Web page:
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Creating a Gaming Brand for the BBC

An in-depth look at Nightfall, MERó scariest branding project to date, with comment from Andy Culbert, cofounder and creative director at MERó (www.worksbymero.com)

The top-secret project MERó has been working on for the BBC has finally been released! Nightfall is a new interactive multiplayer game for eight to 11-year olds. It’s a hugely exciting piece of work, that’s taken the team to the darkest realms, exploring their worst nightmares, all in the name of brand development.

A thrilling social gaming experience for pre-teens, Nightfall has initially been released on Beta at www.nightfallthegame.co.uk.

It’s the first game from the BBC that’s not based on an existing BBC brand, programme or character. It is also the BBC’s first ever multi-player game, encouraging player interaction and teamwork within a safe environment.

So, what is Nightfall?

Nightfall is a game of contrasting worlds, moving from serene surrealism to eerie, darker realms where players become immersed into a bizarre dream world as soon as they drift off to sleep. They become Nightfallers (goodies) driven to explore increasingly difficult dreamscapes as they encounter and defeat the Knags (baddies), to stop them invading and turning dreams into nightmares.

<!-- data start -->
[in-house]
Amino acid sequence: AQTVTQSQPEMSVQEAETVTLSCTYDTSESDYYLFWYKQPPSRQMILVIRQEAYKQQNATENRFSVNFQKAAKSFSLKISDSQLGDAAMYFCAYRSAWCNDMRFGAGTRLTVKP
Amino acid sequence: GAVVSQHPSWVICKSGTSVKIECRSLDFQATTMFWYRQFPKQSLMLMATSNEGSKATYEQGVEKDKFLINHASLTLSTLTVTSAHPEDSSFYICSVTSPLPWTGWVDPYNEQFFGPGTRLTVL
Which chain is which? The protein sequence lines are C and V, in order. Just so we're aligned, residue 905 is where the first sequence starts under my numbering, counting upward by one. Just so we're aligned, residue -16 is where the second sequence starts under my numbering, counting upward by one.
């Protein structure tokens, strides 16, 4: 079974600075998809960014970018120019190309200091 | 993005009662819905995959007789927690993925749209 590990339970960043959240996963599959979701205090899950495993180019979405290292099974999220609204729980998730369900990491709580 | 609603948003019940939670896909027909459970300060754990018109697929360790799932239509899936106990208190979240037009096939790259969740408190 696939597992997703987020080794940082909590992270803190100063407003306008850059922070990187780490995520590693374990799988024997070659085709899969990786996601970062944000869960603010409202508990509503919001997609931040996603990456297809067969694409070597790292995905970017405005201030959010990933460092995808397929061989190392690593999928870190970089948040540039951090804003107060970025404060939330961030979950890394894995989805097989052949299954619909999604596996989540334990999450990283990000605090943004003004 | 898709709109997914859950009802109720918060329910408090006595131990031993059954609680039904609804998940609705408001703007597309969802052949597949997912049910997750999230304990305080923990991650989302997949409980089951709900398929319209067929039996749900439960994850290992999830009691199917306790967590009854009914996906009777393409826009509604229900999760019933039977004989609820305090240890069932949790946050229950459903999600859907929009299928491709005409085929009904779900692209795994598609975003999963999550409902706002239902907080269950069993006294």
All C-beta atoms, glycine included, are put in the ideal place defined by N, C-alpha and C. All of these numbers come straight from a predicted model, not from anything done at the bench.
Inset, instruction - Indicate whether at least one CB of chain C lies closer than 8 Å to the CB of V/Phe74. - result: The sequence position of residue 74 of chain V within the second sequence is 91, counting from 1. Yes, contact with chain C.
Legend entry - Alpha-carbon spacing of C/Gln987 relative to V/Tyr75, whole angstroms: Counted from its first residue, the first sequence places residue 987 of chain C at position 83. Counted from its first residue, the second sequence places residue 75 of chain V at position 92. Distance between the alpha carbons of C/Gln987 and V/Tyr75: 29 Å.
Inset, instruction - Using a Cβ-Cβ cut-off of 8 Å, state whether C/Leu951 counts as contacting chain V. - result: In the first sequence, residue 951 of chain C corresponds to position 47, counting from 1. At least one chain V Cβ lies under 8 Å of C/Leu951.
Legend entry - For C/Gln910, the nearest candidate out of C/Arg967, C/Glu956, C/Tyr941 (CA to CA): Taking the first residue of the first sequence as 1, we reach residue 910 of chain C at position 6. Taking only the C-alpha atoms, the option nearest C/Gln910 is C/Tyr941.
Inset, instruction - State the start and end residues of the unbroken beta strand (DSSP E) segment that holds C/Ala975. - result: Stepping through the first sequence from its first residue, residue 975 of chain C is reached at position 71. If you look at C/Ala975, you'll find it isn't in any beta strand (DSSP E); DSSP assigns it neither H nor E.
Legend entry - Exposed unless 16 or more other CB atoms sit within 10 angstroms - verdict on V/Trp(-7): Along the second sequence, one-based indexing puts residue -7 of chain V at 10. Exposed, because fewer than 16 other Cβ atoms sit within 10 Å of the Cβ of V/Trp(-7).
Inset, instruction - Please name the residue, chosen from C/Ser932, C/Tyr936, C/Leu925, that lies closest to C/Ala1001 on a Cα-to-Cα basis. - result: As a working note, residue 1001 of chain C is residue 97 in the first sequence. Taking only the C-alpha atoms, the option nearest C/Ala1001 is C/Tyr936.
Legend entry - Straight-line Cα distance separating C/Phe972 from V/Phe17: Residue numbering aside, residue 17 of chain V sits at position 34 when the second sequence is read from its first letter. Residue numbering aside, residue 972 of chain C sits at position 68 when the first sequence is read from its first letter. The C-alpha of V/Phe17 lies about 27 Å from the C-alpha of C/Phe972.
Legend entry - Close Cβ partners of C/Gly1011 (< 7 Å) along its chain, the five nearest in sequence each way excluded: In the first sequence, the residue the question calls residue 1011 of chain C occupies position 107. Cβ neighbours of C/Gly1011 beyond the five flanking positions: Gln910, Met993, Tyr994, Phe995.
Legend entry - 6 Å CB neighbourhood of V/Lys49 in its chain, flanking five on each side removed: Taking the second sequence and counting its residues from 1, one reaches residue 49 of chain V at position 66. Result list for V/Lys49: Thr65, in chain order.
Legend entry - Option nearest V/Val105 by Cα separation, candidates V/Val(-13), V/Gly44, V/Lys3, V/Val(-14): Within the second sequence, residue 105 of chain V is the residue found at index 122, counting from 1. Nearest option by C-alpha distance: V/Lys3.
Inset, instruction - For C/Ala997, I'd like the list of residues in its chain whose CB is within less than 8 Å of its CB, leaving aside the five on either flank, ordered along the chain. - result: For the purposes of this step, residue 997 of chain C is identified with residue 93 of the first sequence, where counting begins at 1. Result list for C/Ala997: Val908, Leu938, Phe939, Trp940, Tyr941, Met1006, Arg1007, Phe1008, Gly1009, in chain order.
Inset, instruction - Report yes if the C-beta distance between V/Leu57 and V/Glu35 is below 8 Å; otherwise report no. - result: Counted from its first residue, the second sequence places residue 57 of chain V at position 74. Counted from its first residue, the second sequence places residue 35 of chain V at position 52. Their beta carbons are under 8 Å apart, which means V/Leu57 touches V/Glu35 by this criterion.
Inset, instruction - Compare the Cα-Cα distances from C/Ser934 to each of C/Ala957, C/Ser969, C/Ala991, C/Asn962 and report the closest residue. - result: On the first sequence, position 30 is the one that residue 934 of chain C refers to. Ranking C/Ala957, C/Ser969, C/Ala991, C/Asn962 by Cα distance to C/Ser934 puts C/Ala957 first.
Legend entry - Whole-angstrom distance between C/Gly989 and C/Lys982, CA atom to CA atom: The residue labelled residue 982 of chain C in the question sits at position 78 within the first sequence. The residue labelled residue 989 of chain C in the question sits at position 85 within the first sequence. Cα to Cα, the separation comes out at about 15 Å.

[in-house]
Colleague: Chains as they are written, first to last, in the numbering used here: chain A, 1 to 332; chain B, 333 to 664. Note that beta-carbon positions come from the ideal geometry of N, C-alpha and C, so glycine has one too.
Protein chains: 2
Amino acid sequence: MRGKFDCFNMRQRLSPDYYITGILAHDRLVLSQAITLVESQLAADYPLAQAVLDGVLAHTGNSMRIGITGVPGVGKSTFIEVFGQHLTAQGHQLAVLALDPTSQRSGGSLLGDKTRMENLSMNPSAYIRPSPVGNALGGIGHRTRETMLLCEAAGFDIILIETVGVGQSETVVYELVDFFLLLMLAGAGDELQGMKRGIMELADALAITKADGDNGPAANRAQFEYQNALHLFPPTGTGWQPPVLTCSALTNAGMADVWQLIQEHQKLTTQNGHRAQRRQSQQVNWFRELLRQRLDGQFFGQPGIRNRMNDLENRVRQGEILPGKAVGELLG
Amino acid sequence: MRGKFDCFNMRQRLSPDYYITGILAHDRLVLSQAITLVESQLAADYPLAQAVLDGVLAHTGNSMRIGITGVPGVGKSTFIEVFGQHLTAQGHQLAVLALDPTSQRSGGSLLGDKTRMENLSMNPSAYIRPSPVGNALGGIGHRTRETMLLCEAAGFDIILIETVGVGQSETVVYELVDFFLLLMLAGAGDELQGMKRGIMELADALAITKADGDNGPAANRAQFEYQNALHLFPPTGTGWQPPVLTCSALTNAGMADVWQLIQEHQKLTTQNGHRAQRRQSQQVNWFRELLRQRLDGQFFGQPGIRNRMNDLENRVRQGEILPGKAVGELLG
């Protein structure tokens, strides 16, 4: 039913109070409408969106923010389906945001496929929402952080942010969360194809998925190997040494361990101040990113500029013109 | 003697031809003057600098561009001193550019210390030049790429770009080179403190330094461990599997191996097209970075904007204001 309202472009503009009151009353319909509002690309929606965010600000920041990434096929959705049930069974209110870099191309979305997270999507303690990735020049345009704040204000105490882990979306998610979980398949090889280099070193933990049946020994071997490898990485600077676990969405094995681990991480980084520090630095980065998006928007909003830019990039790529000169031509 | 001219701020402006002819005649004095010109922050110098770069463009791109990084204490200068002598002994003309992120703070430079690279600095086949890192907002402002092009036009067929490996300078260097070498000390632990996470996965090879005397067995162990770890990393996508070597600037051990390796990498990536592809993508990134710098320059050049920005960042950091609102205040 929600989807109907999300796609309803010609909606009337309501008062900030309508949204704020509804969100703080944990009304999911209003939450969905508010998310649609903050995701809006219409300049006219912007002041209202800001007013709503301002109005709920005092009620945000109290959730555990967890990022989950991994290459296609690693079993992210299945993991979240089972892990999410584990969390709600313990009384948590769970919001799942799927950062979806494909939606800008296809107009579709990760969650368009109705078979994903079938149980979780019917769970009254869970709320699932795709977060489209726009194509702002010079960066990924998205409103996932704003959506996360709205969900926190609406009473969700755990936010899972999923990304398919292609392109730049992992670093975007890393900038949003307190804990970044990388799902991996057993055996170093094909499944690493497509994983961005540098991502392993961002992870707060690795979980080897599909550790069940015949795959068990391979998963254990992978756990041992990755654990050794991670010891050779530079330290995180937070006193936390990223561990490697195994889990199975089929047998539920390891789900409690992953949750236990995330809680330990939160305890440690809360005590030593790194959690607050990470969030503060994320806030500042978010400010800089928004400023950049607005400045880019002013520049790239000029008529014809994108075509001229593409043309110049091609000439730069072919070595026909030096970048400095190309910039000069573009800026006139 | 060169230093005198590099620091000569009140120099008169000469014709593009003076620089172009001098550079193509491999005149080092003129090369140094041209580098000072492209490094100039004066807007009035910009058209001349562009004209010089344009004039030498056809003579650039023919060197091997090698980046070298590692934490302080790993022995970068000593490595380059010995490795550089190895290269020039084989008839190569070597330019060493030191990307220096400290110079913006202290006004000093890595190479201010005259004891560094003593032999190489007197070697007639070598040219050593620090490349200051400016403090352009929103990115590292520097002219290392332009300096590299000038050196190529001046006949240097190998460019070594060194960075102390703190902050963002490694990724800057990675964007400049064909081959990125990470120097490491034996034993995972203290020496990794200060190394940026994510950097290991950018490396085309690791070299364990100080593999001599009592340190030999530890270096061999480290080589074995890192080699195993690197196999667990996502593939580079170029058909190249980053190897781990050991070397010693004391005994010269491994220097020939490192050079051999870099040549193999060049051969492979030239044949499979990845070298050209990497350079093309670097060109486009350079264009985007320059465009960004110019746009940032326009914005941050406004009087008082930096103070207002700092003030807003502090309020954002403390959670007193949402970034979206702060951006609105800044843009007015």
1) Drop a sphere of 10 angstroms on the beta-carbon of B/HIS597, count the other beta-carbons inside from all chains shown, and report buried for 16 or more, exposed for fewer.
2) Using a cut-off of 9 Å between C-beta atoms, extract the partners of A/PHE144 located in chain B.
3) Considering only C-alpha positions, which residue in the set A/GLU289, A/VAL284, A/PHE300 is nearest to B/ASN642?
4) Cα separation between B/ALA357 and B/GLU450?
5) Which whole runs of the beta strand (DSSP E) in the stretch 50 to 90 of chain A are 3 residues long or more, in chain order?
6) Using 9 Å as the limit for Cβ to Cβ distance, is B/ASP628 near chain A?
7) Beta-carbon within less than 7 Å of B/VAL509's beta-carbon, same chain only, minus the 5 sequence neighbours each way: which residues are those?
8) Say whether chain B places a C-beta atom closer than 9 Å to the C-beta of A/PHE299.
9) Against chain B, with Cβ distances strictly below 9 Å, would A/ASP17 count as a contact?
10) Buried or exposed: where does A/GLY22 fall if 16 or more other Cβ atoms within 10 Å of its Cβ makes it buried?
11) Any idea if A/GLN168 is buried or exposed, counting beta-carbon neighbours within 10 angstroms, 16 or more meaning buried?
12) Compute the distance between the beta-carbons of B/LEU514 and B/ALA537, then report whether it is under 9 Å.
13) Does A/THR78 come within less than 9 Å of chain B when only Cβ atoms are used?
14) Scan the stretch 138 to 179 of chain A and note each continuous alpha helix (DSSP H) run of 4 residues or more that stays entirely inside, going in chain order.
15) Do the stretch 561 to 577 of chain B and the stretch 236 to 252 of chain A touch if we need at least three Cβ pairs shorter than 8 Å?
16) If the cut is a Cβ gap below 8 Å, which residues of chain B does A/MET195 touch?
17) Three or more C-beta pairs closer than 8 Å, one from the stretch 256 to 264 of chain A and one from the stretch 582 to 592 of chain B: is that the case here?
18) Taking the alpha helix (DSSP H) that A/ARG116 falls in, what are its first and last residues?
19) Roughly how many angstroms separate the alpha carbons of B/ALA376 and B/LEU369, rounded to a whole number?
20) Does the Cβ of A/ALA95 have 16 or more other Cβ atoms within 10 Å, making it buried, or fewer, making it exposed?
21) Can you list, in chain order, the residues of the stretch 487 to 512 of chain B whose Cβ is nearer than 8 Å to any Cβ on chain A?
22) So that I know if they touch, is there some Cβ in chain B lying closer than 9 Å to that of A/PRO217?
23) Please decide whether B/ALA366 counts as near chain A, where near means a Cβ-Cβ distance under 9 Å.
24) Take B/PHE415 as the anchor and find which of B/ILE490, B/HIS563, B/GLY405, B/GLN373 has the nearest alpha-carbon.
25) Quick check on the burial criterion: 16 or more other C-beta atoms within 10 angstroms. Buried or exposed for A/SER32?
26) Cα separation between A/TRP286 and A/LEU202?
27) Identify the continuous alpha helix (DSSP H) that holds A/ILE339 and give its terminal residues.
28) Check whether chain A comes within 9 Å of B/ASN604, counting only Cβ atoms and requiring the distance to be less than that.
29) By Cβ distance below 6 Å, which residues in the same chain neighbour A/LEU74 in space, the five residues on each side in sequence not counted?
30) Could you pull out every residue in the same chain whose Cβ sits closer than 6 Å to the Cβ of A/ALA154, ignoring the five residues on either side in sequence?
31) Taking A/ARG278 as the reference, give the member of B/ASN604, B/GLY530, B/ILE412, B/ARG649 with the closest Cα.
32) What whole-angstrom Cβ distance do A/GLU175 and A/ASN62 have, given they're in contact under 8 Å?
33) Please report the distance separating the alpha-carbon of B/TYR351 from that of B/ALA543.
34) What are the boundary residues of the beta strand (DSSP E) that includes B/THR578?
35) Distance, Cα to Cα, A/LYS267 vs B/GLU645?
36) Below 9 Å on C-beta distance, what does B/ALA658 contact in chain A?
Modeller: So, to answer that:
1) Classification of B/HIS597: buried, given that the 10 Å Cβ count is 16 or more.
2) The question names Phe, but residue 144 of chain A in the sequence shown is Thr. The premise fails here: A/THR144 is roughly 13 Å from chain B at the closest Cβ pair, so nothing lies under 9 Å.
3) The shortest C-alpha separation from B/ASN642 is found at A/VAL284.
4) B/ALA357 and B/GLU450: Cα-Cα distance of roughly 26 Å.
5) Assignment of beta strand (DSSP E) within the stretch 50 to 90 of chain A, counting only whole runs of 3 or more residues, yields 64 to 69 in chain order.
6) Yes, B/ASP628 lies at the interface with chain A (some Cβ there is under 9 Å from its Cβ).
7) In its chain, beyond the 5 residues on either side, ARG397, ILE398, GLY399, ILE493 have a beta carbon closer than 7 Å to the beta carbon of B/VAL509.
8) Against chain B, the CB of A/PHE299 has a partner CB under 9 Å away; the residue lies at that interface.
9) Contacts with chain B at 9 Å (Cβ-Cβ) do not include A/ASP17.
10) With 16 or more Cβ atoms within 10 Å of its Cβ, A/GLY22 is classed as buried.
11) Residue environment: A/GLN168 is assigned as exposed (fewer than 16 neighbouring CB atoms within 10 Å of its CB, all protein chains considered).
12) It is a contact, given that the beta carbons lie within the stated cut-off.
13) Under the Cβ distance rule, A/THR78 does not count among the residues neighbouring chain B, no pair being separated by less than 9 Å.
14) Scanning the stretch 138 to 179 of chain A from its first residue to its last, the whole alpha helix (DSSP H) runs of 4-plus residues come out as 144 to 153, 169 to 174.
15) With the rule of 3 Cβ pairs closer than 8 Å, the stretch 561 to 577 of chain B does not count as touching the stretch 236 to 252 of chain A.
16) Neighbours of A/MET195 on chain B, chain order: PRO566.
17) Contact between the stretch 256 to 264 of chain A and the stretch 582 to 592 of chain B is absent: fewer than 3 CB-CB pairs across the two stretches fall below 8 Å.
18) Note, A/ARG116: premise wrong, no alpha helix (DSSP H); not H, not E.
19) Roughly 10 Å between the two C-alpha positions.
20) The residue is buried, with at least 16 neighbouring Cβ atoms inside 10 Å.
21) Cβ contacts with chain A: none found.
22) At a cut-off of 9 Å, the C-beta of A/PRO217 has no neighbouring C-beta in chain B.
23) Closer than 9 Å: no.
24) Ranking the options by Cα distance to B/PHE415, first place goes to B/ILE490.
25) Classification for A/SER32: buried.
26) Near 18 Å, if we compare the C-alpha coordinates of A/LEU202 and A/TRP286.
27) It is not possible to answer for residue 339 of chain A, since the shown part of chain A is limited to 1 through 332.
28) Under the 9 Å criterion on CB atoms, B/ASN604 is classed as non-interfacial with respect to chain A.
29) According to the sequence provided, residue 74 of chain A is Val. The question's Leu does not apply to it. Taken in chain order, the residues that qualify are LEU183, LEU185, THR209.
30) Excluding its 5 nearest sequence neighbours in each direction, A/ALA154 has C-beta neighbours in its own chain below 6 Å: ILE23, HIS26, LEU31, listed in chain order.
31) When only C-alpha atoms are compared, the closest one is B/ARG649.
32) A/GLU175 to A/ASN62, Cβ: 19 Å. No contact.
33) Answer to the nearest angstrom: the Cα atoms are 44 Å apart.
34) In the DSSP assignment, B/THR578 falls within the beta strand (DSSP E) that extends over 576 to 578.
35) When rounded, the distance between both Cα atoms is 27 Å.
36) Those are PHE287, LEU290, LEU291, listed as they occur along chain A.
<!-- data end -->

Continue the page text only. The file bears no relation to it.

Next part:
It’s a fun game but its core mission is to ‘inform, educate and entertain’, specifically engaging with the pre-teen audience. The idea behind creating a multiplayer game was to encourage children to work together – with all of the benefits associated with teamwork and learning to be a team player. Children team up to defeat an adversary, played out within a safe and positive online space. It promotes a message that you don’t have to work alone when tackling a problem.

Will Storer, senior product manager at the BBC explains more about the game and the BBC’s objectives here: https://www.bbc.co.uk/blogs/internet/entries/16fadf8c-73e2-4e9f-a69c-23dd3011c564

What MERó did.

As the creative lead on Nightfall’s branding and out of game character development, MERó was tasked with producing a full, digital-focused brand identity for Nightfall.  This covered everything from logo to tone of voice and colour palettes which then informed the offline and out of game character development.  The overriding aim of this was to ensure Nightfall stands out with a clear and consistent brand message that can be applied across all media.

MERó worked in close collaboration with the BBC and the game’s developers GoodBoy Digital,

Developing Nightfall the brand.

Nightfall was treated as a brand ecosystem rather than a game – and that meant creating a full set of digital-first brand guidelines to direct the evolution of the game, with core elements that work across every application.

Nightfall is the BBC’s first stand-alone game for children that’s not aligned to a brand or programme from the Cbeebies and CBBC portfolios. The direction was for Nightfall to feel totally new. Unlike anything the BBC has produced before. That was MERó’s kind of brief!